12 candidates qualify for October Democratic debate

12 candidates qualify for October Democratic debate
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Twelve candidates will share the stage during the fourth Democratic presidential debate this month, the Democratic National Committee (DNC) announced on Wednesday, making it the most crowded single-night debate to date. 

To qualify for the debate, the candidates had to amass the support of 130,000 unique donors and register at least 2 percent in four DNC-approved polls by Oct. 1. The debate is set to take place on Oct. 15 at Otterbein University in Westerville, Ohio, just north of Columbus.

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The 12 candidates to make the cut are: former Vice President Joe BidenJoe BidenTrump knocks Romney as 'Democrat secret asset' in new video Giuliani asked State Dept. to grant visa for ex-Ukraine official at center of Biden allegations: report Perry won't comply with subpoena in impeachment inquiry MORE; Sen. Bernie SandersBernie SandersSanders seeks spark from Ocasio-Cortez at Queens rally On The Money: Supreme Court takes up challenge to CFPB | Warren's surge brings scrutiny to wealth tax | Senators eye curbs on Trump emergency powers Biden seeks to fundraise off fact he's running out of money MORE (I-Vt.); Sen. Elizabeth WarrenElizabeth Ann WarrenHillicon Valley: GOP lawmakers offer election security measure | FTC Dem worries government is 'captured' by Big Tech | Lawmakers condemn Apple over Hong Kong censorship Sanders seeks spark from Ocasio-Cortez at Queens rally On The Money: Supreme Court takes up challenge to CFPB | Warren's surge brings scrutiny to wealth tax | Senators eye curbs on Trump emergency powers MORE (D-Mass.); Sen. Kamala HarrisKamala Devi HarrisHarris campaign releases web video highlighting opposition to death penalty Sanders seeks spark from Ocasio-Cortez at Queens rally Biden seeks to fundraise off fact he's running out of money MORE (D-Calif.); South Bend, Ind., Mayor Pete ButtigiegPeter (Pete) Paul ButtigiegSanders seeks spark from Ocasio-Cortez at Queens rally Biden seeks to fundraise off fact he's running out of money Biden struggles to reverse fall MORE; Sen. Cory BookerCory Anthony BookerGabbard hits back at 'queen of warmongers' Clinton The Hill's Campaign Report: Biden camp faces new challenges Former public school teacher: Strikes 'wake-up call' for Democratic Party MORE (D-N.J.); Sen. Amy KlobucharAmy Jean KlobucharBiden struggles to reverse fall Krystal Ball rips media for going 'all-in' on Buttigieg's debate performance The Hill's Campaign Report: Biden camp faces new challenges MORE (D-Minn.); former Rep. Beto O’Rourke (D-Texas); former Housing and Urban Development Secretary Julián Castro; former tech executive Andrew YangAndrew YangSuper PAC seeks to spend more than million supporting Yang The Hill's Campaign Report: Biden camp faces new challenges Private flight spending soars in Democratic presidential race MORE; billionaire philanthropist Tom SteyerThomas (Tom) Fahr SteyerThe Hill's Campaign Report: Biden camp faces new challenges 2020 Democrats recognize Pronouns Day Third-quarter fundraising sets Sanders, Warren, Buttigieg apart MORE; and Rep. Tulsi GabbardTulsi GabbardGabbard hits back at 'queen of warmongers' Clinton Super PAC seeks to spend more than million supporting Yang Clinton suggests Russia grooming Gabbard to run as third-party 2020 candidate MORE (D-Hawaii).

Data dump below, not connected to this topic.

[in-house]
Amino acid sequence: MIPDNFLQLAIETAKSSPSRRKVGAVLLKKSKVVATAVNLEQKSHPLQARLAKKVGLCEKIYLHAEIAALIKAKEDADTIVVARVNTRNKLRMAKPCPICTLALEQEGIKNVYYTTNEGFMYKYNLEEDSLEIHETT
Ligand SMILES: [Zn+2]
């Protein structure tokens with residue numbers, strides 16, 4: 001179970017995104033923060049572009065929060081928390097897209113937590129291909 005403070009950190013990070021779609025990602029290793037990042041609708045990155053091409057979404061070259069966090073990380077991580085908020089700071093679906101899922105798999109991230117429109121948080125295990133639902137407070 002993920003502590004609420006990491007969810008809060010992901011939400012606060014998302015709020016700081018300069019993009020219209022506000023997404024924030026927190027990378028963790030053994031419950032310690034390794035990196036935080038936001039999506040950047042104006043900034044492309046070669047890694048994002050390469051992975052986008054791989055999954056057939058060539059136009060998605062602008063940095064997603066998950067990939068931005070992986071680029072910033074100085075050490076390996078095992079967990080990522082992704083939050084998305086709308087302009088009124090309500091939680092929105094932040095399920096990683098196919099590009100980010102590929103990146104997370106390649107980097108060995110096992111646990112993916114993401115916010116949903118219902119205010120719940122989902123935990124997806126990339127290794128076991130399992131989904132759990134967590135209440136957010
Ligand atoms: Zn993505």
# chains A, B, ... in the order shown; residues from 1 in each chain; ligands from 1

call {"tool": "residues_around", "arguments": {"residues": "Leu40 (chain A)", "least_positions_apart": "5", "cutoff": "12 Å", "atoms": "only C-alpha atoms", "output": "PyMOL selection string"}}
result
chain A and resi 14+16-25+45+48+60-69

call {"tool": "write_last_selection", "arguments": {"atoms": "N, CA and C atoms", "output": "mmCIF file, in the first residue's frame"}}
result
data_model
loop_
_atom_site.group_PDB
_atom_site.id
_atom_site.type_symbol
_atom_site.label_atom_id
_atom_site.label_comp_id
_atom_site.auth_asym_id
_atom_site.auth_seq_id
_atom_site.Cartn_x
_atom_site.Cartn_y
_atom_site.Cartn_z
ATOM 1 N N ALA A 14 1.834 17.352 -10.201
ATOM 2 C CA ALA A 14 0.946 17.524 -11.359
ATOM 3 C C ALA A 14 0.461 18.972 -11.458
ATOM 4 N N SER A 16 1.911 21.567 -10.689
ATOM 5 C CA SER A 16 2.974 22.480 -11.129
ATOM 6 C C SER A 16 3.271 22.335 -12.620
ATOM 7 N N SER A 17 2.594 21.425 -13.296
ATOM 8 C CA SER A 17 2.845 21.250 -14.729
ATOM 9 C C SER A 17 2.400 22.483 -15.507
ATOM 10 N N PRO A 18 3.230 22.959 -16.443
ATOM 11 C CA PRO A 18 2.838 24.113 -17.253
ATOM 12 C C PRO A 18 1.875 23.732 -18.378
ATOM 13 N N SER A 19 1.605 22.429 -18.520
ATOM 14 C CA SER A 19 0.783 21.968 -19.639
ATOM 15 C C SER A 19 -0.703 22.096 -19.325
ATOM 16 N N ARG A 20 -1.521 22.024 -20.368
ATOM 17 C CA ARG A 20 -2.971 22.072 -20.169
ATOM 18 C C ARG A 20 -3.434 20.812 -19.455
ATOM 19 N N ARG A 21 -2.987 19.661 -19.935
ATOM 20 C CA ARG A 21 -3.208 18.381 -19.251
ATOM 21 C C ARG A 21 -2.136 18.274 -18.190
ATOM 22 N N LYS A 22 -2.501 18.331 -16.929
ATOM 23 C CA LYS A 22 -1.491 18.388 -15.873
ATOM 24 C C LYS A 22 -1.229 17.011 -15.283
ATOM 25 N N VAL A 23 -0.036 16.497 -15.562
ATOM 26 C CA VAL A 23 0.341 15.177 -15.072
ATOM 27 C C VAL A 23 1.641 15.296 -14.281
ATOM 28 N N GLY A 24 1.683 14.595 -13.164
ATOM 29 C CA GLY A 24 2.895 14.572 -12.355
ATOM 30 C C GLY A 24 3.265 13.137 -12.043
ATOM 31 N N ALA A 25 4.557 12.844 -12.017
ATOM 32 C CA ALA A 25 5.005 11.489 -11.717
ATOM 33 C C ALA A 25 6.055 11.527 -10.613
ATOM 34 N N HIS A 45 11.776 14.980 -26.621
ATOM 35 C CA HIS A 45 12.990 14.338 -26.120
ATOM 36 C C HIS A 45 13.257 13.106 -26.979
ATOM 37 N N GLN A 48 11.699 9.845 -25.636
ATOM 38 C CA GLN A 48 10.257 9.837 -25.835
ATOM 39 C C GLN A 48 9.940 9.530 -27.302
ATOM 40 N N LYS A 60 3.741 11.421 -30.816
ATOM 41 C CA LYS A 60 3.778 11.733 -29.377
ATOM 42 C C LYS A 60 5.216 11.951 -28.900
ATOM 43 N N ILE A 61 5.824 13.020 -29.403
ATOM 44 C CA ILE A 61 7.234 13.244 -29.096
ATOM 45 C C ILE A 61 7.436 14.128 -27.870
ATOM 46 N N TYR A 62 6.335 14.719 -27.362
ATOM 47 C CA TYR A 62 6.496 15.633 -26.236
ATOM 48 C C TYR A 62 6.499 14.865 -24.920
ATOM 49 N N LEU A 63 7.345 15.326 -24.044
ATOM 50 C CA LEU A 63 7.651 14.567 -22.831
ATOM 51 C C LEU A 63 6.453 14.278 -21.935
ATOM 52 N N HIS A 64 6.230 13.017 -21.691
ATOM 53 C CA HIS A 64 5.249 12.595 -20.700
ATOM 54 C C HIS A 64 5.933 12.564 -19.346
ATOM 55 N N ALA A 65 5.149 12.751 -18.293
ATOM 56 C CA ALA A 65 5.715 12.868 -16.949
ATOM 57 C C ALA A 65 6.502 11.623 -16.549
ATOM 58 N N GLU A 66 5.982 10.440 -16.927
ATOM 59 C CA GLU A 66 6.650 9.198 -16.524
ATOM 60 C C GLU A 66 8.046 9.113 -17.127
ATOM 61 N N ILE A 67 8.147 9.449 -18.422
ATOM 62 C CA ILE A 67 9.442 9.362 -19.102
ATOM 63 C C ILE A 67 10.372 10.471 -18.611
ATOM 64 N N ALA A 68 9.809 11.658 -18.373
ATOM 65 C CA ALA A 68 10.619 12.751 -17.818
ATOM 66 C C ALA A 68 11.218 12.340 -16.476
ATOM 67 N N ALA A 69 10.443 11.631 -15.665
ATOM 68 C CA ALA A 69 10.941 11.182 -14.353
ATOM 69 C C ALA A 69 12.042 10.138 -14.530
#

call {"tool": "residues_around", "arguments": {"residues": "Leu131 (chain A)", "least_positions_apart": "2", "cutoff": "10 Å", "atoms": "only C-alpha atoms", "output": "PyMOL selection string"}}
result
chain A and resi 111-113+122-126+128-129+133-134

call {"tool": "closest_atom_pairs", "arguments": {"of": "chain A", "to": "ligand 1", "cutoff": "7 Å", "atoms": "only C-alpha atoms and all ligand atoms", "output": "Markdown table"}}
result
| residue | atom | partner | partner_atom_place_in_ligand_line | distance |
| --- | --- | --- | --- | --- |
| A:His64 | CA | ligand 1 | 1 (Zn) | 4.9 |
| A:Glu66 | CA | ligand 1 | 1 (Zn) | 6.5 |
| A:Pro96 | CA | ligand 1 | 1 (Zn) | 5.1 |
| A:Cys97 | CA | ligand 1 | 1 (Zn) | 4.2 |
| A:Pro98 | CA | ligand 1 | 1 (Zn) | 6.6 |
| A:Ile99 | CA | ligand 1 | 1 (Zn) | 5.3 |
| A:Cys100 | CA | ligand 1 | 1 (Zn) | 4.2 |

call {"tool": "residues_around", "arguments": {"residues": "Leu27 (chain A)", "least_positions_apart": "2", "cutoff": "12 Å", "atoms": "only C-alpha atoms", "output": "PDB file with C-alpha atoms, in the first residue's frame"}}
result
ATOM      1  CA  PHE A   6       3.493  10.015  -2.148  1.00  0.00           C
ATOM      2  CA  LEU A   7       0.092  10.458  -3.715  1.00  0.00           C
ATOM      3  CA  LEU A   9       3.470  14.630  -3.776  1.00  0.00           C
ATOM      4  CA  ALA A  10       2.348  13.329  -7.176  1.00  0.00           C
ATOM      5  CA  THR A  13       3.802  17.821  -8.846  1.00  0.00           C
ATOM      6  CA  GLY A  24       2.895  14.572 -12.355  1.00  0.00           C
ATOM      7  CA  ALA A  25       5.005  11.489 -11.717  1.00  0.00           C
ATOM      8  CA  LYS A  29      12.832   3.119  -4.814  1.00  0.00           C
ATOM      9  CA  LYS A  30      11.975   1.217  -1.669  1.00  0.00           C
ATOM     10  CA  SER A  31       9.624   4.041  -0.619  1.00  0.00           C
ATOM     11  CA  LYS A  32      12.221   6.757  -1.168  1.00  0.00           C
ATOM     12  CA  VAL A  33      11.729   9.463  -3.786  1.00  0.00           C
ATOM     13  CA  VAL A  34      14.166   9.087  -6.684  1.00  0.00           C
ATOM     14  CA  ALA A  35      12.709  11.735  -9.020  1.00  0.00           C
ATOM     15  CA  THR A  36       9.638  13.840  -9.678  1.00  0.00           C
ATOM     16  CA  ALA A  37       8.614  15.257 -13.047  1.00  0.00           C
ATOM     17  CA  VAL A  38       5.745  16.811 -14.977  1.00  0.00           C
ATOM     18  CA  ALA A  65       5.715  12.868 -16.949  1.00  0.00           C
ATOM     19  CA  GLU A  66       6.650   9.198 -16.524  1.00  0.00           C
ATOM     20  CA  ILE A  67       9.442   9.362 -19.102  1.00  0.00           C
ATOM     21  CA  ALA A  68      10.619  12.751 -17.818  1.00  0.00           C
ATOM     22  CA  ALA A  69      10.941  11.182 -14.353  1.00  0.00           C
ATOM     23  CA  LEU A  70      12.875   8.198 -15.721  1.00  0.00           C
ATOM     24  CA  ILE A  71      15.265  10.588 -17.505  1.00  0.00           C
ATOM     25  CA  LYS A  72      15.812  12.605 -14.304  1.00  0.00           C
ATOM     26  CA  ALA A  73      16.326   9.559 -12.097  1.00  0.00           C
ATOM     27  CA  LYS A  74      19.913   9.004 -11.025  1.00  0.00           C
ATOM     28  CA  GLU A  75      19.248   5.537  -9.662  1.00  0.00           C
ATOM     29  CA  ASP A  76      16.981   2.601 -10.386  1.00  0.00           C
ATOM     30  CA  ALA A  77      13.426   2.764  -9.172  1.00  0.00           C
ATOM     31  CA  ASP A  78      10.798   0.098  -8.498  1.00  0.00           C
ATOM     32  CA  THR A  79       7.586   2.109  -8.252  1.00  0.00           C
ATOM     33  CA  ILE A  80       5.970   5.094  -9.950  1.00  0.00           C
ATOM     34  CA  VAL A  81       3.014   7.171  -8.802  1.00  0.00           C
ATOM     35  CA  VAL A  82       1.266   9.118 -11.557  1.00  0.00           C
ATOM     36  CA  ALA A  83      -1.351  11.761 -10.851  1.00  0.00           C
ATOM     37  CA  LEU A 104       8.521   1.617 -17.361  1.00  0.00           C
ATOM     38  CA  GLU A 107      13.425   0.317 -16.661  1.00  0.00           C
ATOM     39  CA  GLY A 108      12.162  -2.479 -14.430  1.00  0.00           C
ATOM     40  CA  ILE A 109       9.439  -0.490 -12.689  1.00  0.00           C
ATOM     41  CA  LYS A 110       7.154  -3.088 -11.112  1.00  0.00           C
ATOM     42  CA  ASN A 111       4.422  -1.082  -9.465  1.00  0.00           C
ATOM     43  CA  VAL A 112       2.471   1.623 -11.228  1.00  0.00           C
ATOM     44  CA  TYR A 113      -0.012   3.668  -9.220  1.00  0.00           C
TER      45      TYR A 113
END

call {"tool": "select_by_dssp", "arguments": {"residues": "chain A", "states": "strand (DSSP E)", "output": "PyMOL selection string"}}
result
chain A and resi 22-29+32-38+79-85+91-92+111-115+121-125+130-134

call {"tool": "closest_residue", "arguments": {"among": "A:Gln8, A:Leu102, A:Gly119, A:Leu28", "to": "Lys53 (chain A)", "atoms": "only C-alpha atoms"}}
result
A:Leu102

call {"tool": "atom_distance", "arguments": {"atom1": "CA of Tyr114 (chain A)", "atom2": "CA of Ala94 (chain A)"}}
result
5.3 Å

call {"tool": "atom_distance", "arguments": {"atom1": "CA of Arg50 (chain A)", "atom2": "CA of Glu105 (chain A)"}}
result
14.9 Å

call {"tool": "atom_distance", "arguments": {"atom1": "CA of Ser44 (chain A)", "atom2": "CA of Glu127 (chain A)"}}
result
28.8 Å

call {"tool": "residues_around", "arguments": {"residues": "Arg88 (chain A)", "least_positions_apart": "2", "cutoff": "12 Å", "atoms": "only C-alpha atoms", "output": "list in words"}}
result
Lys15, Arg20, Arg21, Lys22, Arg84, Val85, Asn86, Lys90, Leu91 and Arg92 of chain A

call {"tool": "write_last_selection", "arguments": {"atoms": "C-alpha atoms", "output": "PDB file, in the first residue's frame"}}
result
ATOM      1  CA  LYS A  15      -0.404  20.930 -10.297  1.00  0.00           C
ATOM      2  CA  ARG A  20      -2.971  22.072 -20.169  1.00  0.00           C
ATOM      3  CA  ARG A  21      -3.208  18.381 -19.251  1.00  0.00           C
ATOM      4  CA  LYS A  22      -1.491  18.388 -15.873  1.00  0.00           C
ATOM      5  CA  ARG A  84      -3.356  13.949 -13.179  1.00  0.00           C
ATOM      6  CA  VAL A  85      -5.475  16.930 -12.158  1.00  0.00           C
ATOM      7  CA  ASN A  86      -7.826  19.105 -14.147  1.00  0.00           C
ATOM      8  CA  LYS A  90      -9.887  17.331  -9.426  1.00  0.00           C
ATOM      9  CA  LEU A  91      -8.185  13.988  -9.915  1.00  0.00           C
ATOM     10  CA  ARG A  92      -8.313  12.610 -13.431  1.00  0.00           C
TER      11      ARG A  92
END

Biden and Warren will stand next to each other at center stage for the second debate in a row, according to CNN and The New York Times, the two media organizations hosting the fourth debate.

On Biden’s side of the stage will be Sanders, Harris, Booker, Steyer and Gabbard. Standing to Warren’s left will be Buttigieg, Yang, O’Rourke, Klobuchar and Castro. 

Unlike past debates, which limited the number of candidates onstage at once to 10, the fourth debate will feature all 12 qualifying candidates on a single night.

The DNC has imposed tougher qualifying criteria for the fifth debate, which is set for November. To make the cut, candidates will have to collect contributions from at least 165,000 unique donors and notch at least 3 percent in four approved polls or 5 percent in two approved early-state polls.